Besides energy saving, controllability is the next highly expected feature of LED Lighting over Traditional Lighting. However, such a control aspect seems to be missing in daily applications. Since 2015, we've been developing & marketing Phase Dimmers* and related products to address LED dimming control

Driven by our project field experience, we developed a new type of Tunable White control using Phase Dimming & 0-10V technologies, which gives our Tunable White Controller (DZ1G300TUNE) & Dynamic Lighting Controllers (DZ2G300TUNE_TOGG / _PUSH). It's our goal to lower the technical and costs barriers for different Circadian Lighting or Commercial applications that desire Multi-Purpose Lighting.

* Our 450W / 220-240Vac Single Live-wire Operational Trailing-edge LED Phase Dimmers released to market includes DZ2G450DIAL & DZ1G450CAPS (2015), DZ3G450DIAL (2017), DZ4G450MULT (2018). In 2017, our DZ3G450DIAL was listed as a SORAA® Compatible dimmer. In Q2 2021, an Enhanced version of DZ3G450DIAL has been available.

In this Application Video Library, we shared a number of interesting topics on LED dimming or how our products can be applied in different scenarios.

Using 12V LED Strips to Explore Constant Voltage vs. Constant Current LED Dimmable Drivers

LED Strip Light has found its wide applications due to its flexibility in creating different size and shapes. While most of the LED Lighting Fixtures are driven by Constant Current LED drivers, LED Strips are commonly driven by Constant Voltage LED Drivers have also occupied a significant portion of LED Lighting Fixtures. Signage, Light Boxes or Cabinet Lighting are commonly built based on Constant Voltage LED strips. The same product idea can be applied to a much larger scale for Indirect Lighting in Building Lobby etc.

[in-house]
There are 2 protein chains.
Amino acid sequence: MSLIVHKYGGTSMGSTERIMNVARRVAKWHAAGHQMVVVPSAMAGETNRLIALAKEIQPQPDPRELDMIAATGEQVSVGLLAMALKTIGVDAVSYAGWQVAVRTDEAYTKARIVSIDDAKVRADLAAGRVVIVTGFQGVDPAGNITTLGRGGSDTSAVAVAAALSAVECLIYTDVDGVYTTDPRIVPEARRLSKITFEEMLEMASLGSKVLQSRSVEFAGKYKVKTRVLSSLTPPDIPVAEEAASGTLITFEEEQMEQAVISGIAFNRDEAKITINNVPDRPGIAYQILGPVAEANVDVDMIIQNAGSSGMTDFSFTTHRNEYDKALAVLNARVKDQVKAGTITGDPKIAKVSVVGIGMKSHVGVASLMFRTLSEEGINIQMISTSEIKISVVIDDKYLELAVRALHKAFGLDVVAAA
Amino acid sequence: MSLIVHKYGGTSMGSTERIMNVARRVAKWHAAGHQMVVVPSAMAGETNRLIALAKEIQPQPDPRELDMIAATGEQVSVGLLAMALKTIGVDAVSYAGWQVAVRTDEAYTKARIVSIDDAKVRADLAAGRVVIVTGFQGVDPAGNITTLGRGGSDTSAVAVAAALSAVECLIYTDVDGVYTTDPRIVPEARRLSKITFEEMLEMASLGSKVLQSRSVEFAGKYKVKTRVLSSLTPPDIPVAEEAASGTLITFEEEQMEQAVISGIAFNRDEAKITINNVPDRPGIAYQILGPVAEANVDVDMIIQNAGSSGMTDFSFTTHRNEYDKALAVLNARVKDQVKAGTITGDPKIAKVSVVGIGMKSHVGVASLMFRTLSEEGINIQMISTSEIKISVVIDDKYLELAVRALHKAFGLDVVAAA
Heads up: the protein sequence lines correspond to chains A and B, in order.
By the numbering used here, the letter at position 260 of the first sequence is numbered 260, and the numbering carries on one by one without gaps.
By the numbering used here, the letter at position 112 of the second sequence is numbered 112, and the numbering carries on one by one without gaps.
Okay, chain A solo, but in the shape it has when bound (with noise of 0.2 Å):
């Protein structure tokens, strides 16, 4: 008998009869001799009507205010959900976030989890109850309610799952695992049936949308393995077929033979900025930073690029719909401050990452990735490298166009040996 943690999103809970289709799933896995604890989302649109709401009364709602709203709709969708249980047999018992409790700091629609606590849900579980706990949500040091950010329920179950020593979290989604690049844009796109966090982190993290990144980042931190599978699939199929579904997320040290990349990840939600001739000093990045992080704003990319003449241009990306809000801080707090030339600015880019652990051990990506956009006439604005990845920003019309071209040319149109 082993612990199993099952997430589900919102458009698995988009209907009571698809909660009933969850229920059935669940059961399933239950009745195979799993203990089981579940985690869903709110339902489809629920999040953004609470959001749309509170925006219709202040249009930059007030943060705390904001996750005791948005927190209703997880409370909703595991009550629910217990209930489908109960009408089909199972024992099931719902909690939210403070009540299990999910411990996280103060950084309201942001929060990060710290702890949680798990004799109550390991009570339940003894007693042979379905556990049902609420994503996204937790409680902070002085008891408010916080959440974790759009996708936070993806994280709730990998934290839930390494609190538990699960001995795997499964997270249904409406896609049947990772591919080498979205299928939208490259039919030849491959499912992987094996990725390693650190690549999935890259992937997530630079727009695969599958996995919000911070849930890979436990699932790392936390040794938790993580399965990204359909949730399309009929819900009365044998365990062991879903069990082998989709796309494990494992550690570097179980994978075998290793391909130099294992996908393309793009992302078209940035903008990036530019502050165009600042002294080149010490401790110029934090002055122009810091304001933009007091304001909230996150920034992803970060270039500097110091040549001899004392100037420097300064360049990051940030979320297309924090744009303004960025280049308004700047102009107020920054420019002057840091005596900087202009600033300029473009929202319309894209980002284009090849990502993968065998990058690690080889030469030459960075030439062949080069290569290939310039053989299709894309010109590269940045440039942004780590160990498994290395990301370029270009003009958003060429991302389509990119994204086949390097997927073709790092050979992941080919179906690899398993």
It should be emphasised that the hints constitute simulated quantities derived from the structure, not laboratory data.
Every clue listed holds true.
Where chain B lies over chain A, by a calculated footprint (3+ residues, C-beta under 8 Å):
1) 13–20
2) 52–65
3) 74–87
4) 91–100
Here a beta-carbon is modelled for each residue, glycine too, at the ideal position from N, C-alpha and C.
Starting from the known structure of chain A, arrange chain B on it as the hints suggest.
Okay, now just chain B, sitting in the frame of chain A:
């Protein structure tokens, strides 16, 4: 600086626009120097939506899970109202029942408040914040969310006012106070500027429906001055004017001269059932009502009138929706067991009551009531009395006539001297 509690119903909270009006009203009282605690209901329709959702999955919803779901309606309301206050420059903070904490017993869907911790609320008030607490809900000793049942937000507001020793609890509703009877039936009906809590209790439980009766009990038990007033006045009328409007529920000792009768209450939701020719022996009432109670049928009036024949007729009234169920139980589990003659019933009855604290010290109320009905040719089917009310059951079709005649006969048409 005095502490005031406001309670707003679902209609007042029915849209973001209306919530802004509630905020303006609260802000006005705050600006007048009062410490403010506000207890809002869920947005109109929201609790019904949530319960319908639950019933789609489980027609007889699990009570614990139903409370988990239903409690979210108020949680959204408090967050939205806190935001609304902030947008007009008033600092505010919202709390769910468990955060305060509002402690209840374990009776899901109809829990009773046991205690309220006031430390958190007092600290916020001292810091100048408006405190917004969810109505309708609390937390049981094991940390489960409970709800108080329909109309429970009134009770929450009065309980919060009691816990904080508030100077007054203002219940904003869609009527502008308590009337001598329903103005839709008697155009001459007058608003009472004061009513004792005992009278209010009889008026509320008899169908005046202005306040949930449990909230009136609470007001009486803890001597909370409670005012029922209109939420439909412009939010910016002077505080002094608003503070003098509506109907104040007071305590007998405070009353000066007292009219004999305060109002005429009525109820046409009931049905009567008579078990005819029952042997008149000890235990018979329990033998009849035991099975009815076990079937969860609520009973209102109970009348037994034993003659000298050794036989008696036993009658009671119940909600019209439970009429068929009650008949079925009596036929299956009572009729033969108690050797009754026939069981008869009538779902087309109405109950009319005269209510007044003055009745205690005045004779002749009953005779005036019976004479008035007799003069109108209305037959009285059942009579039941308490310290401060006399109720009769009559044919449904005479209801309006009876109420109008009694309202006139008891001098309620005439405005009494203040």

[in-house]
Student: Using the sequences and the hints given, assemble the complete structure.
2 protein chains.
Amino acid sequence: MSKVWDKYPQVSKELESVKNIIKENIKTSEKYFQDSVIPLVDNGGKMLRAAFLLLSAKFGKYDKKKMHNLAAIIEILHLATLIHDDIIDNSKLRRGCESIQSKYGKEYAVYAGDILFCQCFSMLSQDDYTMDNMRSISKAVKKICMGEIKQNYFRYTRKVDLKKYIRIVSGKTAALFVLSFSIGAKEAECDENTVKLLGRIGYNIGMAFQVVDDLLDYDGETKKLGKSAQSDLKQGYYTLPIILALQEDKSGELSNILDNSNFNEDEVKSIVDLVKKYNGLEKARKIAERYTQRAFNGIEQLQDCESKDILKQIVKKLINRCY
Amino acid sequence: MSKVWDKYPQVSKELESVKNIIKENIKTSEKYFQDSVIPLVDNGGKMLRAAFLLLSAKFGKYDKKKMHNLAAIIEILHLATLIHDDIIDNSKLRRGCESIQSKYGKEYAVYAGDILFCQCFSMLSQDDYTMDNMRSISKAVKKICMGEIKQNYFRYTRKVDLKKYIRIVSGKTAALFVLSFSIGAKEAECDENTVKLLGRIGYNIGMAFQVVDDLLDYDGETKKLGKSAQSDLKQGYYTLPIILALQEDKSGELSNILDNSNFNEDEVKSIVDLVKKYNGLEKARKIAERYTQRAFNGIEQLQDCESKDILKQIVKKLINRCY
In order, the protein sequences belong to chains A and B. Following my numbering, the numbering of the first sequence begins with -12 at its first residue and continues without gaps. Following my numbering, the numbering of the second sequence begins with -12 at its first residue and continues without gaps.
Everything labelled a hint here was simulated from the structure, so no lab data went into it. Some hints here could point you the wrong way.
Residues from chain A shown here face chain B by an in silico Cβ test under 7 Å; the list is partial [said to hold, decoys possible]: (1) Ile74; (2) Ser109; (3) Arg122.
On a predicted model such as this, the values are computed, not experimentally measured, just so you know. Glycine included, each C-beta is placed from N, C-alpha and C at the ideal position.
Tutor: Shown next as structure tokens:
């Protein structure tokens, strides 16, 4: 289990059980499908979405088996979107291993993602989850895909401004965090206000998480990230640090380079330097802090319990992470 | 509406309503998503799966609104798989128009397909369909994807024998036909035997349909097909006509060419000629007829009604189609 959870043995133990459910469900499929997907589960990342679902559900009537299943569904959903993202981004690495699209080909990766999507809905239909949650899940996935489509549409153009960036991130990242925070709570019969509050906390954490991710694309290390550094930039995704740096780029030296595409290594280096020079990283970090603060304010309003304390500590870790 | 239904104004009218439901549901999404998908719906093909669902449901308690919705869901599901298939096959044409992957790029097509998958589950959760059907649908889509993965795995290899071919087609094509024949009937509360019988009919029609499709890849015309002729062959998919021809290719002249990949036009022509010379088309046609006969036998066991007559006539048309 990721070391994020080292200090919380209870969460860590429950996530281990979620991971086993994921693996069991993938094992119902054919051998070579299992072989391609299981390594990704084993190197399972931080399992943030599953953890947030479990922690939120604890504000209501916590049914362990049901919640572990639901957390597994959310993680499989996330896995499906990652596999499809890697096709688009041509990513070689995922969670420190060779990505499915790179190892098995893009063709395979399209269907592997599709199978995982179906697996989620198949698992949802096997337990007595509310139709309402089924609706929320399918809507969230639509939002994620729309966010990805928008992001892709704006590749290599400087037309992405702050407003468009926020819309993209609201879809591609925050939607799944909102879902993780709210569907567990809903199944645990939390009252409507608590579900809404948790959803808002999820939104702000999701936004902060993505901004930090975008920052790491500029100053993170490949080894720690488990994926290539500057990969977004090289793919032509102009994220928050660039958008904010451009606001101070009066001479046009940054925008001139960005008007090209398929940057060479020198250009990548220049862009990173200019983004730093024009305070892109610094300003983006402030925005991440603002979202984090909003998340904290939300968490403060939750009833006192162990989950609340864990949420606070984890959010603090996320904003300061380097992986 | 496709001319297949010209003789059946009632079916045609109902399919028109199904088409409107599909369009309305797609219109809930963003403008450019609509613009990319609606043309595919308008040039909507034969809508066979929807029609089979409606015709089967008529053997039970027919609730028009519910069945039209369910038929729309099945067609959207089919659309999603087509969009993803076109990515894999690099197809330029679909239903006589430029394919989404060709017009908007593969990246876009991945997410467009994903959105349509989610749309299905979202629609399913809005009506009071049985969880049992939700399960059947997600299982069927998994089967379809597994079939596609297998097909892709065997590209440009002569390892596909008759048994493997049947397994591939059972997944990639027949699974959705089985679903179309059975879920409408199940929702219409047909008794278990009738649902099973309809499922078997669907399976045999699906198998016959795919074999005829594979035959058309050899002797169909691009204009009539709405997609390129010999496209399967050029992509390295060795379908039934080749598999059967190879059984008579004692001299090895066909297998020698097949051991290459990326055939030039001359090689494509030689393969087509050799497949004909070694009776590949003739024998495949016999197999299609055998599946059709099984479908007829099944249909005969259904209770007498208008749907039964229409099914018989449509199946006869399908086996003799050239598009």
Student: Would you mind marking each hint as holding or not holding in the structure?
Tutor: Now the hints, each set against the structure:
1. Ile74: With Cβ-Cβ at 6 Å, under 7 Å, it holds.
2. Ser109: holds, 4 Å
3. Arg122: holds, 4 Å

With Proper Heat Dissipation in place, the LED strips would work fine in principle. If LED strips are required to be dimmed, it’s common to use 0/1-10V based dimming approach. From our project experience, our DZ1G1TEN and PWM-120-12/24/36/48 ​from Mean-Well combination have demonstrated a good product solution for large-scale applications. Since each controller can be easily used with multiple 0/1-10V dimmable drivers, the costs advantage of such dimming approach is obvious for simple applications

Recap of 0/1-10V Dimming Control Connections
Before we look into the new topics in this video, the following circuit diagram shows the Typical Connection of 0/1-10V Controllers with such type of Dimmable LED Drivers. The key difference is that for 1-10V Control, no additional AC wires are required; but for 0-10V Control, the controller must have its own AC Inputs in order to generate the 0V signal to the Dimmable LED Drivers.